Saliha says: "Part of growing up is accepting that there are some dreams you are never going to achieve. It's sad when you realise your abilities, time and efforts are finite, but it can allow you to achieve depth of experience in what you can do."
Shana says: "I'd rather not limit you by giving a straight yes or no answer. This comes to thinking about what you can have, but don't have. And what you think you can't have, but do. Take five minutes to really learn from this. Focus on how grateful you are for what you have. The fact is that there is no right or wrong way to live your life. If you are happy, that's great. If not, are you willing to do something about it? If there's something more you want from your life, you've got to decide how compelling it is - what will happen if you get it and what will happen if you don't?"
Saliha says: "I believe we can have it all, as long as we build our life anchored in our values. It's like having a compass - everyone's is different. If you make decisions using your own compass rather than your husband's, your mother's, your culture's or society's, then you will make decisions that are right for you and right for your life."
Shana says: "Our thoughts are relayed to our subconscious mind in pictures, so when you say things like ‘my career came crashing down', you are drawing this picture in your head and your subconscious mind will always associate this feeling and image with the situation. Also, these words make it sound like the situation happened to you and you had no say in the matter. If you said you chose to have children and embraced being a mother, but that you are ready to excel in your career again, you will feel empowered to take control."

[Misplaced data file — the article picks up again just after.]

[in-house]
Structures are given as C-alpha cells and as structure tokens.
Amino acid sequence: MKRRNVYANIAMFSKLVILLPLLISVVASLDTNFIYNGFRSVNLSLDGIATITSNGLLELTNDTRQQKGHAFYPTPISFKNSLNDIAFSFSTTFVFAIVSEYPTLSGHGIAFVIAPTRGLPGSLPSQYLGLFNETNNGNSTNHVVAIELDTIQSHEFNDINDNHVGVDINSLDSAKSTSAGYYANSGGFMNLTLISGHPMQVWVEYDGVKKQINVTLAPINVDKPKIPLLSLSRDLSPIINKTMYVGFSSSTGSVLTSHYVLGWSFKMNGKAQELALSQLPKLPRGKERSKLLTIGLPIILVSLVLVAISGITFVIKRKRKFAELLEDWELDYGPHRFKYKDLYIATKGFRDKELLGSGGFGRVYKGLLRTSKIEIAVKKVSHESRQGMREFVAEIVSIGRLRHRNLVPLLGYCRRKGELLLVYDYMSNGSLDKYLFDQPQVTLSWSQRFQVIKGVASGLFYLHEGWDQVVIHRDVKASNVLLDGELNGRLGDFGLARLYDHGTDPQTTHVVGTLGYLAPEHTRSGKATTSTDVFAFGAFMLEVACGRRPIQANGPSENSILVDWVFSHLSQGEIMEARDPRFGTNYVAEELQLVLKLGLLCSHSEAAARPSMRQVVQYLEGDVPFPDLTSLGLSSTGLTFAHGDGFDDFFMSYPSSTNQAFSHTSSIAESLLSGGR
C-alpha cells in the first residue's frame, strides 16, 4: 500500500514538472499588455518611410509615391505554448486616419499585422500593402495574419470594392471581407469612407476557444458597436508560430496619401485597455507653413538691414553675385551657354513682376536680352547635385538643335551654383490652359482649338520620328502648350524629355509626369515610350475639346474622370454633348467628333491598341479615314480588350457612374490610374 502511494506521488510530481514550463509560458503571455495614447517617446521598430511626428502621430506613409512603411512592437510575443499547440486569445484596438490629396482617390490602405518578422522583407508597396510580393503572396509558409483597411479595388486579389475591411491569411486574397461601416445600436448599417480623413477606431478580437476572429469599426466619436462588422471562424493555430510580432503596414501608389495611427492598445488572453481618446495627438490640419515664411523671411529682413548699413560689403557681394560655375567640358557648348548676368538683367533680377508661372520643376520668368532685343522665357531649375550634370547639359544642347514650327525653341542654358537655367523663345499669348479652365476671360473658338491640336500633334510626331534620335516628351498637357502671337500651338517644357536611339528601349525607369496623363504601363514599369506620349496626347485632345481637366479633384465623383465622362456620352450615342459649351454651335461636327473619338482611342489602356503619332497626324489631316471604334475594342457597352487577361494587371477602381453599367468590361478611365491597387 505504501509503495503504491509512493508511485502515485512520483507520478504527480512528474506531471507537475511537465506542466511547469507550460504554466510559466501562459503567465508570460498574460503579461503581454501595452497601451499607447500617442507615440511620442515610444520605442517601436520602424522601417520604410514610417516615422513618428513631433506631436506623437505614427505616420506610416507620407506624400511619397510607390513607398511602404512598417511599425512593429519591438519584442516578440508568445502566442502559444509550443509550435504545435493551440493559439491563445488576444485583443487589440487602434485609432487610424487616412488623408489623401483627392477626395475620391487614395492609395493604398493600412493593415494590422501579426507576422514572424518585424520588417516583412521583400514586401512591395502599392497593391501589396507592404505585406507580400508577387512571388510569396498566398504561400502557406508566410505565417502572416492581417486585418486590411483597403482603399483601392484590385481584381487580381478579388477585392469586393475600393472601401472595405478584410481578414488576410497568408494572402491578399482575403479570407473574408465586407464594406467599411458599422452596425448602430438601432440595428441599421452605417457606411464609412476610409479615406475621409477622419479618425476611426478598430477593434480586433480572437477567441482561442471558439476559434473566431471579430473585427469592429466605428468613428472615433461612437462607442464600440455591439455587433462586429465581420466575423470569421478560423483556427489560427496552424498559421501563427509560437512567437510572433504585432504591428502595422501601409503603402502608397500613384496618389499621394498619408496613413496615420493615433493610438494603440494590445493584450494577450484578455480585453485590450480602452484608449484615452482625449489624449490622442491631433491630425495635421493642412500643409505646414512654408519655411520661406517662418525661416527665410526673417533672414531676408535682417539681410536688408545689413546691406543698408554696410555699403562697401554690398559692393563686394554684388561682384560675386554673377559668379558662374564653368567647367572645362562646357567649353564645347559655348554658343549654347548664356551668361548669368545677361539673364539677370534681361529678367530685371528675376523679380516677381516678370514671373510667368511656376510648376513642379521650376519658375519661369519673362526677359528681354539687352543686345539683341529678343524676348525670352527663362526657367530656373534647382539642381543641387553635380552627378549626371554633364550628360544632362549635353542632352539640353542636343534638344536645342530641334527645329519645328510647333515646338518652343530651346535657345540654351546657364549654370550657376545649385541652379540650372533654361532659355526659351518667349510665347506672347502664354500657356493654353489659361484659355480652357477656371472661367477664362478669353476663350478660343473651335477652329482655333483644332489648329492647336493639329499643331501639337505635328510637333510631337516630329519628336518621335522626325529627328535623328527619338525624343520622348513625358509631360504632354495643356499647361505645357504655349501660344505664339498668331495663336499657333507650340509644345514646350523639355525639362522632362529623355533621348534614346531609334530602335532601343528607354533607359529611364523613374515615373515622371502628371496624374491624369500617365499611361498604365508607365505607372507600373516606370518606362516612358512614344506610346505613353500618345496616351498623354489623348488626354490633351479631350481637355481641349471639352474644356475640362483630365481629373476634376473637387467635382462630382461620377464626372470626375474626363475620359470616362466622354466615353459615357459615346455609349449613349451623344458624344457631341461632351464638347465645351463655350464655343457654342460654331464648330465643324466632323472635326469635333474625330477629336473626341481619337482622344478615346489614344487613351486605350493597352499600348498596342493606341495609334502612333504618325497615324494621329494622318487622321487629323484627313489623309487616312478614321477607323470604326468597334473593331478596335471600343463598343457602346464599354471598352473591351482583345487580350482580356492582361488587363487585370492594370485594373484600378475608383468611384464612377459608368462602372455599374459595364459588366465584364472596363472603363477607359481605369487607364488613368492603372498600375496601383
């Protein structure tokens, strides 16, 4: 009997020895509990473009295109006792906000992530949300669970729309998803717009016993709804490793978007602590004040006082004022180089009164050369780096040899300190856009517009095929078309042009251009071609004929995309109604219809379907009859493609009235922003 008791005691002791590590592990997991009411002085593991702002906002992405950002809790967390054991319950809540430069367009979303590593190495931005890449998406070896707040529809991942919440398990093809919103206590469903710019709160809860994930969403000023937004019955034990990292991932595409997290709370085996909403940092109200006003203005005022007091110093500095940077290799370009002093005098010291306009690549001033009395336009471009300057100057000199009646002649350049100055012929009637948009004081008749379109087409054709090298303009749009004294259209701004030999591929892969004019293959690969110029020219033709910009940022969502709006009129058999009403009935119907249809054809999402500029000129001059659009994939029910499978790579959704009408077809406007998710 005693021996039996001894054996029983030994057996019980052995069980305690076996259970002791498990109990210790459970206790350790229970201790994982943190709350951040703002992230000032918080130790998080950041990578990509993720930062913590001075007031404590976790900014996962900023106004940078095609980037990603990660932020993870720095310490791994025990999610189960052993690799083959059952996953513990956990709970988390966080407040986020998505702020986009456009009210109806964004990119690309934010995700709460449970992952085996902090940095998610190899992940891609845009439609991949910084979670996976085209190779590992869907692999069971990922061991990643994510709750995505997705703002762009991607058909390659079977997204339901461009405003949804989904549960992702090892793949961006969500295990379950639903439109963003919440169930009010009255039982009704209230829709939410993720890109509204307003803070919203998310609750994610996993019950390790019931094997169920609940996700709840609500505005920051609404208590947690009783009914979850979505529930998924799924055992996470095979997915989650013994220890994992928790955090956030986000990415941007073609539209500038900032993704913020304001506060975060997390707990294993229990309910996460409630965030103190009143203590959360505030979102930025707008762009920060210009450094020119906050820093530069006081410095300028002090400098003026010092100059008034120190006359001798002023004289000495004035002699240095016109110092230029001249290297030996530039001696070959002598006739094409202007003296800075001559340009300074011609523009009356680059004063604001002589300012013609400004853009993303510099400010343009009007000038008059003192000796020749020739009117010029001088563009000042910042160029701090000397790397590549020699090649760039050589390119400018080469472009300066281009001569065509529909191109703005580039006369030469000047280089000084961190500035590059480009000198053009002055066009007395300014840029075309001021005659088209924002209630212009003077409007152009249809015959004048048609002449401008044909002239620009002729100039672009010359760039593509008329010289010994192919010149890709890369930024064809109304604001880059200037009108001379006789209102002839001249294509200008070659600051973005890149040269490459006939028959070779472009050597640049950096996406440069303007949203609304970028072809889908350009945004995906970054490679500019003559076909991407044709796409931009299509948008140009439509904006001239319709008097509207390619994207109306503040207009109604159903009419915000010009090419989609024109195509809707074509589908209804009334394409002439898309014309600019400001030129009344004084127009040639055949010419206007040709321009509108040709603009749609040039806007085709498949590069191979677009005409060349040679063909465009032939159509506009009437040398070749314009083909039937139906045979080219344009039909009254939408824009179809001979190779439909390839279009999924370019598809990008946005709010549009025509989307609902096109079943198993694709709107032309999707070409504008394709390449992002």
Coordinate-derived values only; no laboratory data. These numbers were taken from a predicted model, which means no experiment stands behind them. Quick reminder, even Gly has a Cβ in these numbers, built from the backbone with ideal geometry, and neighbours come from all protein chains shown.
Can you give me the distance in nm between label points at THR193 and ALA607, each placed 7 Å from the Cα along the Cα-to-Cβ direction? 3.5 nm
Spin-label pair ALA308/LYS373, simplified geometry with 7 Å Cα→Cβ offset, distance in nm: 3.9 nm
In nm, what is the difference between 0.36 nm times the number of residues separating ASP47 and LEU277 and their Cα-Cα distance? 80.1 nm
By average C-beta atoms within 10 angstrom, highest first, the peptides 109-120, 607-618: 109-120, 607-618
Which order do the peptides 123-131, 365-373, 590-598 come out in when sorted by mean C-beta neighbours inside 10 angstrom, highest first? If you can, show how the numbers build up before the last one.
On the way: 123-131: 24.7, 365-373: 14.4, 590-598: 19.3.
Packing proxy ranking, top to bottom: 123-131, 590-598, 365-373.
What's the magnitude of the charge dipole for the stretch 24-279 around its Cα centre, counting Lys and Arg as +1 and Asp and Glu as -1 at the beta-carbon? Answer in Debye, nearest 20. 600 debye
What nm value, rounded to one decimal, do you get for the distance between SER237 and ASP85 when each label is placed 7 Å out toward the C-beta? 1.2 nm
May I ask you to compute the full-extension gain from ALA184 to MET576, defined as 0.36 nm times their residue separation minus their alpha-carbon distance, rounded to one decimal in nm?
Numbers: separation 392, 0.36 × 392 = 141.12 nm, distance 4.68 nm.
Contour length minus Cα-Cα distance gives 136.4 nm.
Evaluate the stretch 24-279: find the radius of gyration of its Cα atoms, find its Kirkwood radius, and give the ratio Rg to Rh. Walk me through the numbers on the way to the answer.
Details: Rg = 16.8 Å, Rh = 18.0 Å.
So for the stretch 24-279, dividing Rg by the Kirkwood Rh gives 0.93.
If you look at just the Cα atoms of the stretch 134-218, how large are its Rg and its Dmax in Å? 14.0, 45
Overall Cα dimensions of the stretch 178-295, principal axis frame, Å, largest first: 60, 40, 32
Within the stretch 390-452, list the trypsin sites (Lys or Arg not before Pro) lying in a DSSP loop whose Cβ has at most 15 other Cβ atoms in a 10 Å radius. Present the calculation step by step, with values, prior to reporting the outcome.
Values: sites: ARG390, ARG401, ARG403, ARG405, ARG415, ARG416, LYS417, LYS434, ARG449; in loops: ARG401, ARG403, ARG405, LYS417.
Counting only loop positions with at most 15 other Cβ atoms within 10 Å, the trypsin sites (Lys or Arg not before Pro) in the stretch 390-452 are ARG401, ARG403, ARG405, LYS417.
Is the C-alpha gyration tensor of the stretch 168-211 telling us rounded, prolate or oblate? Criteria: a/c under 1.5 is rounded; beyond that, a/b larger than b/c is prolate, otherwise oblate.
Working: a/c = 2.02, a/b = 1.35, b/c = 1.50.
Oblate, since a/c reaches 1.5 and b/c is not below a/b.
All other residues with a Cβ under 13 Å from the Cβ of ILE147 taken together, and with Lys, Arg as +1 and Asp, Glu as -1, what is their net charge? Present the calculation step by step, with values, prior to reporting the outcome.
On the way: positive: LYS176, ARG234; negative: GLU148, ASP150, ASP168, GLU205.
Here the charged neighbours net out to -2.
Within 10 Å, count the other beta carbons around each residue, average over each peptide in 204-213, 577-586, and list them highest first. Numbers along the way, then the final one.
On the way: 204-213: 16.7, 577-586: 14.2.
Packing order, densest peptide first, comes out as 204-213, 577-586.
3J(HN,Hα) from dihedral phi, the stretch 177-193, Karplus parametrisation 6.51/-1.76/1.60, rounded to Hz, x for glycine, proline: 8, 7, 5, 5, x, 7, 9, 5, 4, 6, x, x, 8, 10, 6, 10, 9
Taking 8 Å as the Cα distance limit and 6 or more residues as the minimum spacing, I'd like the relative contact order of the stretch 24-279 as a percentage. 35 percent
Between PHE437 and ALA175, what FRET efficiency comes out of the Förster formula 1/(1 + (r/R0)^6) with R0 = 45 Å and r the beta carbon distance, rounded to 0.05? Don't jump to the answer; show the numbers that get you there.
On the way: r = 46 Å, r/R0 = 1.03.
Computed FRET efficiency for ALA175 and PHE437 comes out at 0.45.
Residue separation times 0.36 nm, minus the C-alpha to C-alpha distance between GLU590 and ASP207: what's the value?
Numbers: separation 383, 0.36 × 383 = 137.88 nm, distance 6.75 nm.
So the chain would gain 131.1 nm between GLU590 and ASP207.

Saliha says: "Many women give up work when they have children because they want to, or because they think they should. But we get a lot of meaning from our work, so you're not doing your children a service by giving up work if it makes you unhappy. Becoming a mother is a time of big adjustment, but you don't have to choose between being yourself and being a mother. It requires more commitment, but it is possible. We're the first generation of helicopter parents who think we need to hover over our children 24 hours a day. If you don't take time for yourself, you'll end up feeling resentful."
Shana says: "Thinking about what you don't want is like looking for something in a dark warehouse with a match. When you work out what you want, it's like turning on the lights. It's possible to not consciously know what you want, but with clever questioning during coaching, you can work it out. I am not a genie - I don't do magic - but we all have the resources we need in our mind to do everything we want to do."